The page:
Electric flux means electric field lines passing perpendicularly through a particular surface. It means we only calculate the perpendicular component of electric field passing through a particular surface to calculate electric flux. We calculate the electric flux through a surface shown in Figure 1 with uniform electric field $\vec E$.

The electric flux is the perpendicular component of electric field through the area $A$. The electric field lines make angle $\theta$ with the area vector $\vec A$ and therefore the component of electric field perpendicular to the area (parallel to $\vec A$) is $E_\bot = E \cos \theta$. Therefore the electric flux denoted by $\Phi$ is

\[\Phi = AE\cos \theta \tag{1} \label{1}\]

If the electric field is not uniform, it's the time to divide the area $A$ into infinitesimal area elements $dA$. The electric field is uniform through the area $dA$ and the electric flux through this area is $d\Phi = dAE \cos \theta$. Therefore we integrate to find the total electric flux through the area $A$.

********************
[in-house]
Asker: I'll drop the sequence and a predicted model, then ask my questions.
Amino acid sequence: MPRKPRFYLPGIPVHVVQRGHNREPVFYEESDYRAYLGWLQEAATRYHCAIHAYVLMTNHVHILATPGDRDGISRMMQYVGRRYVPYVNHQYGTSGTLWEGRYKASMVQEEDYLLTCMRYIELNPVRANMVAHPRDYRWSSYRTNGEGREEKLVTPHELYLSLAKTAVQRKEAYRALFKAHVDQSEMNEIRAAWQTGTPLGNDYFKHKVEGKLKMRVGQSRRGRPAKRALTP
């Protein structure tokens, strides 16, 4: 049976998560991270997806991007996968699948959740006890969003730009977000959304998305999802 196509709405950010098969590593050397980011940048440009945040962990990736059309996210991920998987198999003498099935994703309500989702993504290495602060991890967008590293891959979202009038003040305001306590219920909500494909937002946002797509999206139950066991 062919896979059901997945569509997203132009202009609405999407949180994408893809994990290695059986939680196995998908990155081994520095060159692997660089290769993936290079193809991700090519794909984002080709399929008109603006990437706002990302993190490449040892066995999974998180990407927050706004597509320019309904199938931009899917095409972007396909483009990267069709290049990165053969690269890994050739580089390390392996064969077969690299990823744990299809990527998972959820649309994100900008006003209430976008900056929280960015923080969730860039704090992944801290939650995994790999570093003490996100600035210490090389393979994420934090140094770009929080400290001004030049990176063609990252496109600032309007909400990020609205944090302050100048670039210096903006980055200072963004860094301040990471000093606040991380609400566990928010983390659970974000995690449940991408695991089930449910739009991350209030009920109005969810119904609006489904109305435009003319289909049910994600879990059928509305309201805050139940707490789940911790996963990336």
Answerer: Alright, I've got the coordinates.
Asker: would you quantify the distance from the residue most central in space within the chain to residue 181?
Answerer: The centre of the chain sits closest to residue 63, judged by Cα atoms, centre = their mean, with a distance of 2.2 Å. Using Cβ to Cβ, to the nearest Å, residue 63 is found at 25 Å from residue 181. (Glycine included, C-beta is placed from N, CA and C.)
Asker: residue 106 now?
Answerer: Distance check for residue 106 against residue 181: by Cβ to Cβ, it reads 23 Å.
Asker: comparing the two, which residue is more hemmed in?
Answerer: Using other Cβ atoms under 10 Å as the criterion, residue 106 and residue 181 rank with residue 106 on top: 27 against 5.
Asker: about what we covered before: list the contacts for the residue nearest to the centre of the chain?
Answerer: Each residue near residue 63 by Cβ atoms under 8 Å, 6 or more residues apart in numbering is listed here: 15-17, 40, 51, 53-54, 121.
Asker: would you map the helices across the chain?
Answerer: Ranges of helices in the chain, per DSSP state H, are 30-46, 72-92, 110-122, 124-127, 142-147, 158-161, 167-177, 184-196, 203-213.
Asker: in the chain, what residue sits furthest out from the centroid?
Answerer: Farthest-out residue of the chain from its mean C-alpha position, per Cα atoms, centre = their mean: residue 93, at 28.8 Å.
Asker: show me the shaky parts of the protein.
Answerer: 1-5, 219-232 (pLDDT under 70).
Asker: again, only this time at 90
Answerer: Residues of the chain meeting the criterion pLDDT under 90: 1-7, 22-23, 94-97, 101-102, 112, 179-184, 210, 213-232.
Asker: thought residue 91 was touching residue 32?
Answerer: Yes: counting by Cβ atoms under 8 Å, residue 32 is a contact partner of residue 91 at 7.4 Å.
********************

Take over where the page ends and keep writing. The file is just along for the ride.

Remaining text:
\[\Phi = \int {E\cos \theta {\kern 1pt} dA} \tag{2} \label{2}\]

In case of the charge outside the closed surface, the electric flux through the closed surface is always zero. The electric field lines entering a closed surface must come out of the surface and the net electric flux is zero. The Figure 2 shows that the electric field lines entering the closed surface also come out of the surface and the net electric flux is through the closed surface is zero.